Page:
Chronic Complications After Travelers' Diarrhea


  • Herbert L. DuPont MD, MACP

    Corresponding author
    • University of Texas School of Public Health, Houston, TX, USA: St. Luke's Episcopal Hospital, Houston, TX, USA; Baylor College of Medicine, University of Texas School of Public Health, Houston, TX, USA
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Corresponding Author: Herbert L. DuPont, MD, MACP, University of Texas School of Public Health, 1200 Herman Pressler, Suite 733, Houston, TX 77030, USA. E-mail:

Most people who develop an episode of travelers' diarrhea (TD) experience self-limiting illness with approximately 1 day of disability[1] without further medical complications. In this edition of the Journal, Connor and Riddle describe the available literature related to three well-defined complications of enteric infection including reactive arthritis (ReA), Guillain–Barré syndrome (GBS), and post-infectious irritable bowel syndrome (PI-IBS).[2] The review by Connor and Riddle focuses on these complications that have occurred following enteric infection of non-travelers. We do not know if these complications of enteric infection are seen with any importance in returning travelers. My comments will also relate to these post-enteric infection complications largely of non-travelers.

ReA or GBS develop from 1 to 4 weeks after enteric infection consistent with an immune disorder, while it may take months for PI-IBS to evolve. Of the three medical complications, the pathogenesis of GBS is best understood. Host antibodies directed at an infecting strain of Campylobacter secondarily react to central nervous system gangliocides causing the disease as an example of autoimmune molecular mimicry.[3] In ReA, microbial antigens appear to reach the joint tissue and elicit an immune response in susceptible persons.[4]

PI-IBS is a distinct entity where Rome II or Rome III defined IBS develops after a bout of acute diarrhea or gastroenteritis.[5] In this condition, a chronic low grade intestinal inflammation develops in susceptible persons after the initial enteric infection.[6] In most studies of TD, the subjects have not been followed up sufficiently long to document this complication. Two follow-up studies have suggested that approximately 10% of patients with TD develop PI-IBS.[7, 8] The majority of patients seen in a general population with IBS are considered to have an idiopathic form of the disease without history of antecedent enteric infection. We demonstrated that among interviewed patients attending a general gastroenterology clinic in Houston, 8% of patients with idiopathic IBS and 16% of patients with PI-IBS gave a history of international travel 6 months before onset of their chronic gastrointestinal disease[9] suggesting the possibility that their enteric infection during travel contributed to their chronic illness.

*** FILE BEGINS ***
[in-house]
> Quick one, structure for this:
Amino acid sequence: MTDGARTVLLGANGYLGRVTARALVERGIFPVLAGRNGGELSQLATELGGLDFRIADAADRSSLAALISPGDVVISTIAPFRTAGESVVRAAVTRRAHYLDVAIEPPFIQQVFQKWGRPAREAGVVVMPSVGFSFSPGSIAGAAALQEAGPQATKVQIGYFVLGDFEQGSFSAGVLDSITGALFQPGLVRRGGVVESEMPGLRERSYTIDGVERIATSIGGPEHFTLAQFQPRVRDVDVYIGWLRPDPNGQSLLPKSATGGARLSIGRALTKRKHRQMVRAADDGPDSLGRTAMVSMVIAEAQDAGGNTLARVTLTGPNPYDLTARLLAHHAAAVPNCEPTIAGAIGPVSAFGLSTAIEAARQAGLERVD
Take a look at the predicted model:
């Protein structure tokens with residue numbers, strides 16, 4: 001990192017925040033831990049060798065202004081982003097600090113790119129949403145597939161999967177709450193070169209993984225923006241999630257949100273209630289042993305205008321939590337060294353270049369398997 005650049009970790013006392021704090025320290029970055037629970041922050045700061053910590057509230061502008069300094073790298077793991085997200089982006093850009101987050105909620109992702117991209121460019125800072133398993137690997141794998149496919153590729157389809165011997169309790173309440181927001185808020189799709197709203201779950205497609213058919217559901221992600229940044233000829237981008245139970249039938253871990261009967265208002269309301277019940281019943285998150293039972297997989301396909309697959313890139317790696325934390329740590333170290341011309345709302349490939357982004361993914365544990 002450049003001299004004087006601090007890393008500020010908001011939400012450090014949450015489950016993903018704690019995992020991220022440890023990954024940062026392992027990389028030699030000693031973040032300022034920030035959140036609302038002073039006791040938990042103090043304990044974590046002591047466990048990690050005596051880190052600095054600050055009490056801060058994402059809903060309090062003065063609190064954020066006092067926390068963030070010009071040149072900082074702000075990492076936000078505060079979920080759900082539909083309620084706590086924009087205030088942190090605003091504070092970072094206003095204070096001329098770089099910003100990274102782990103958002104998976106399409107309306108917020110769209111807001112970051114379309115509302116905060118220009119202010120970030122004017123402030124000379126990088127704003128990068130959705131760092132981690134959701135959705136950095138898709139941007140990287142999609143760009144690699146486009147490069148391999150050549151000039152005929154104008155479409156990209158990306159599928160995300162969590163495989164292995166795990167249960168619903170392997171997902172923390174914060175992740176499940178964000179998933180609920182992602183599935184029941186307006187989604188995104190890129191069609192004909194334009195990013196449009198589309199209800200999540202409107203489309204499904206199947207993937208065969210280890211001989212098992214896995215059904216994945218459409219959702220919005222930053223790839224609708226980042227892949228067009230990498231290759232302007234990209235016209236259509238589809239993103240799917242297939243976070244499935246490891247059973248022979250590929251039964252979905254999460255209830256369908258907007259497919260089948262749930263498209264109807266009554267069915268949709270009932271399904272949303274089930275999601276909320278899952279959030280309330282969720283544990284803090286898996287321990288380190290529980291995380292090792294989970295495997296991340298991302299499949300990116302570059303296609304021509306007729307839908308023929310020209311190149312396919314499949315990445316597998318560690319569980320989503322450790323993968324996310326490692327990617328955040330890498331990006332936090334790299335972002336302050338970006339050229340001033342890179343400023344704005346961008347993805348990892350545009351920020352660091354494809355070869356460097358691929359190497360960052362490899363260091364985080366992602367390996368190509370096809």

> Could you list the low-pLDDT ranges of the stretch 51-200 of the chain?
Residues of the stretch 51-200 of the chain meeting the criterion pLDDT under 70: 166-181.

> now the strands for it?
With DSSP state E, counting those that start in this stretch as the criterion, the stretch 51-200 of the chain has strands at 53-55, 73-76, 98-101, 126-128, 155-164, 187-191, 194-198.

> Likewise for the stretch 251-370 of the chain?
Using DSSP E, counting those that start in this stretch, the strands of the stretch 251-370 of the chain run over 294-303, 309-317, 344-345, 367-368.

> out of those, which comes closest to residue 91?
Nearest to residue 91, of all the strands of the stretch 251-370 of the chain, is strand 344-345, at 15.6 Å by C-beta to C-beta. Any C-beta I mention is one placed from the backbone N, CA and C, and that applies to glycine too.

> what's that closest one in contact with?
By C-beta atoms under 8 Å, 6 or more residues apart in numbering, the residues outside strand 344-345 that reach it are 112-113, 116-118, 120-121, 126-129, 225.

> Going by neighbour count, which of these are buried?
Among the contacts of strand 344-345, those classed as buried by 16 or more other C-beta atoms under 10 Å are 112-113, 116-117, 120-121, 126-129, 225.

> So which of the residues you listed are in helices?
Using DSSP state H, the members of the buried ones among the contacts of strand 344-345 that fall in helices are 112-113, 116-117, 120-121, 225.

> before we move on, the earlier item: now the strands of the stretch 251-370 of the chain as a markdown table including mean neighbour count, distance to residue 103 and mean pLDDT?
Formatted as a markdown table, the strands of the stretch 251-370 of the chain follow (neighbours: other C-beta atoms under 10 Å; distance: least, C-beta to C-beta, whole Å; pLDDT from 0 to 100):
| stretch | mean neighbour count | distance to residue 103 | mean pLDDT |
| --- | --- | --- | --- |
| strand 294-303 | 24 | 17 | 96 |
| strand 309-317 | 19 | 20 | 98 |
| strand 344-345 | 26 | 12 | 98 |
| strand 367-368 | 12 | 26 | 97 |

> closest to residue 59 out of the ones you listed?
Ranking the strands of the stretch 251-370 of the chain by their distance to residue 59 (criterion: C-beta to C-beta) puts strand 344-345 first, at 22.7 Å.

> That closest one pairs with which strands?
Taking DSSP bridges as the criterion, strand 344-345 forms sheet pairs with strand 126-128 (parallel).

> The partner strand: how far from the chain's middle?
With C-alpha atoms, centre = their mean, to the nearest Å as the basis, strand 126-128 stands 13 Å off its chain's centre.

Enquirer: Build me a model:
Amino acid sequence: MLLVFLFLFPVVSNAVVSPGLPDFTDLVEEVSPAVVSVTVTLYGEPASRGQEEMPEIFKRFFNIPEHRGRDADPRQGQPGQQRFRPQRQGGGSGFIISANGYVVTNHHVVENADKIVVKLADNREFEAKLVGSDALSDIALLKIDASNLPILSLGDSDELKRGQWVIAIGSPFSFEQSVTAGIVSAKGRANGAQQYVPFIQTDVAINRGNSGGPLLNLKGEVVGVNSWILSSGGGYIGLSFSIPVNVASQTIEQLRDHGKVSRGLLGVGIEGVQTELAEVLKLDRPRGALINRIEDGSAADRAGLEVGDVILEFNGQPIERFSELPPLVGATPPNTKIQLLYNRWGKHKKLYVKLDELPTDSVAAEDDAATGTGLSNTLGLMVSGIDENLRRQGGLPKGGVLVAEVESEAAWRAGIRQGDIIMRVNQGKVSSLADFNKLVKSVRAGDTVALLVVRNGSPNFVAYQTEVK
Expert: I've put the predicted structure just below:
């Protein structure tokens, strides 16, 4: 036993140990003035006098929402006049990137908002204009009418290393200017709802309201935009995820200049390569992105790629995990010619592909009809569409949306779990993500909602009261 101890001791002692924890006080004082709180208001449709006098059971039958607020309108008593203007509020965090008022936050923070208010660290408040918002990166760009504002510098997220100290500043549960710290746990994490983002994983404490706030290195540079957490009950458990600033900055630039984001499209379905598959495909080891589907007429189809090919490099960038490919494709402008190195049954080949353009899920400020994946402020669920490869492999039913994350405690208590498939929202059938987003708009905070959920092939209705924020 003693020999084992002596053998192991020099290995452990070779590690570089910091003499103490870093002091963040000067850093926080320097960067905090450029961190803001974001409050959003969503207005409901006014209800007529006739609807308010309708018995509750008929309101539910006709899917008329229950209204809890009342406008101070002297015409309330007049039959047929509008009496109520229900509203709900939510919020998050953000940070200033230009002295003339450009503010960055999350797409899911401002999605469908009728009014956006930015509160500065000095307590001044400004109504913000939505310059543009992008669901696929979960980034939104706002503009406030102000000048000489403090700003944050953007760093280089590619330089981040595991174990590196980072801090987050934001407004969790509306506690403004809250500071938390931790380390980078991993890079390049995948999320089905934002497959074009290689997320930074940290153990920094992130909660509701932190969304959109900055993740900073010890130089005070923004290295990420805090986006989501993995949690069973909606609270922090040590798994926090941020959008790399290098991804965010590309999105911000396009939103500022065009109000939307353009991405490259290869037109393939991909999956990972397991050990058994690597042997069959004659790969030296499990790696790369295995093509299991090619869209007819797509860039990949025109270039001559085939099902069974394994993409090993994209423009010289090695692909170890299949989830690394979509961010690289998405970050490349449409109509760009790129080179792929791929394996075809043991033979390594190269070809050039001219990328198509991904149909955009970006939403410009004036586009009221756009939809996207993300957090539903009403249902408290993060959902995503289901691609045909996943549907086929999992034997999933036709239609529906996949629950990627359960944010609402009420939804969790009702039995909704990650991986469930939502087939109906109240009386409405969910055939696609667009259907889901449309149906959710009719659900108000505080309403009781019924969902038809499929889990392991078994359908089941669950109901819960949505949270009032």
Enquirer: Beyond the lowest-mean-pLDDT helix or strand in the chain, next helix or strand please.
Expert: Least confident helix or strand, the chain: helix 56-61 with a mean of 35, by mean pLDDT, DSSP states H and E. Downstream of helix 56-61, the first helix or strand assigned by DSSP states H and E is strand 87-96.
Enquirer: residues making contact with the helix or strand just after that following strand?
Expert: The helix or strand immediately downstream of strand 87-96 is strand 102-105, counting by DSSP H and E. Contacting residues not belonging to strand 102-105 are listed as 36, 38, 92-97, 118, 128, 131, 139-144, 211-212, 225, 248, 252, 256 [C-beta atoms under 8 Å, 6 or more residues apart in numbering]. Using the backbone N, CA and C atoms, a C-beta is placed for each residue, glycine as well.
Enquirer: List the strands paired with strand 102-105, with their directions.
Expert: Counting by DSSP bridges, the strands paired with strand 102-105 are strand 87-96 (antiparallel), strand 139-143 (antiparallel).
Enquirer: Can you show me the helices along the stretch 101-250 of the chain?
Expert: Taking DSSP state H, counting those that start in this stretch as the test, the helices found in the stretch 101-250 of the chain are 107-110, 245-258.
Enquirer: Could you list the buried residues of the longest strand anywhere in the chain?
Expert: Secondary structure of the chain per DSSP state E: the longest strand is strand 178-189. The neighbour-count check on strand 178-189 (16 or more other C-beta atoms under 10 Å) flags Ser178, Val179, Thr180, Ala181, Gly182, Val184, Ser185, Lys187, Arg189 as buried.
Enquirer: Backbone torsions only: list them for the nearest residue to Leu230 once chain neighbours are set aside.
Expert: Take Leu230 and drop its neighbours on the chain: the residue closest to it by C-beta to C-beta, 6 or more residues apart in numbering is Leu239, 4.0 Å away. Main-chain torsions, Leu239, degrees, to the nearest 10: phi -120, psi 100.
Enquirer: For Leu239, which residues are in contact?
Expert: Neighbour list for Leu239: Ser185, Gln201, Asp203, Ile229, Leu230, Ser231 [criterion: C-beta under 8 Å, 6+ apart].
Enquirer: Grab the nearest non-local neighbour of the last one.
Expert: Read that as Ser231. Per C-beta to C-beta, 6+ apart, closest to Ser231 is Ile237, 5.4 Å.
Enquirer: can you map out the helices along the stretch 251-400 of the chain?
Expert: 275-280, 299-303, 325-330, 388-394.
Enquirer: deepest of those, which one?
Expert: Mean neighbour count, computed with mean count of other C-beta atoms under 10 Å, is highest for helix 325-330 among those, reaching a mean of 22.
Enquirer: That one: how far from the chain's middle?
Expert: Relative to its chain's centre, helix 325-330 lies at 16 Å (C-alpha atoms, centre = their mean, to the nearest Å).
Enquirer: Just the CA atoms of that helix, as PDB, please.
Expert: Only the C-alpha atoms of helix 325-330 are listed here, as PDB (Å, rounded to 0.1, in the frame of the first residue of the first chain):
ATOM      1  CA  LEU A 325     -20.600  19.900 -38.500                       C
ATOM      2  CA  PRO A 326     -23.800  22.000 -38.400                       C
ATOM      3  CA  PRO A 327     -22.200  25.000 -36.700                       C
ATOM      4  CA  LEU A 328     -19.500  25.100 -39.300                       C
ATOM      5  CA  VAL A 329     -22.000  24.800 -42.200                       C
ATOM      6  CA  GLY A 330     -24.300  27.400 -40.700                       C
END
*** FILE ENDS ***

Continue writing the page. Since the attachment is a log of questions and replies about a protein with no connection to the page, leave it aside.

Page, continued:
Infection by invasive and/or inflammatory bacterial pathogens more commonly leads to later development of ReA or to PI-IBS in susceptible persons than is seen for organisms producing secretory diarrhea without mucosal inflammation such as enterotoxigenic Escherichia coli often seen infecting travelers with diarrhea, although many different enteropathogens appear capable of triggering the events resulting in one of the chronic complications. For GBS, the preceding enteric infection is characteristically caused by a Campylobacter jejuni strain. The invasive and inflammatory pathogens including Campylobacter are more commonly seen in TD cases occurring in Southern Asia, as studied in India or Thailand.[10, 11] It is reasonable to assume that ReA, GBS, and PI-IBS would more commonly occur in travelers to Asia experiencing TD when compared with travelers going to Latin America or Africa.

It is unlikely that all people are susceptible to one of these post-TD complications. Host genetics are involved with susceptibility to pathogen-specific TD and each of the three post-enteric-infection complications has been shown to occur more commonly in persons positive for specific and definable genes.[12-14]

If the chronic complications of TD described herein and possibly others are found to occur with significant frequency in travel medicine, the importance of prevention of TD should be given a higher priority than is currently the case. TD prevention may be through vaccines[15] or by chemoprophylaxis[16] strategies. It is well known that treatment of TD with antibiotics can shorten the clinical course of TD, underscoring the importance of bacterial enteropathogens as causes of the disease. When therapy was begun 1 to 3 days after onset of TD in one study, later development of PI-IBS was not prevented.[7] What is not known is whether curative treatment administered rapidly with passage of the first unformed stool passed would more importantly prevent complications. This approach may not reduce the occurrence of ReA or GBS where infection without illness may be sufficient to illicit an immune response or to deposit antigen in joint tissues. Asymptomatic infection is common in TD where contaminated foods are recurrently consumed.[17] It is known that asymptomatic infection by C jejuni can lead to GBS.[18]

Researchers working in travel medicine need to routinely follow up their patients for at least 6 months after development of TD to look for occurrence of long-term complications. Systematic follow-up of travelers to their home destination is needed to determine the importance of chronic complications of TD more broadly and to characterize the pathogenesis of disease. Such study may be possible in the ISTM sponsored GeoSentinal network or in EuroTravNet.[19, 20] We need to document these conditions to see if they do complicate TD in making plans for more aggressive control and prevention strategies.

Declaration of Interests

The author states that he has no conflicts of interest to declare.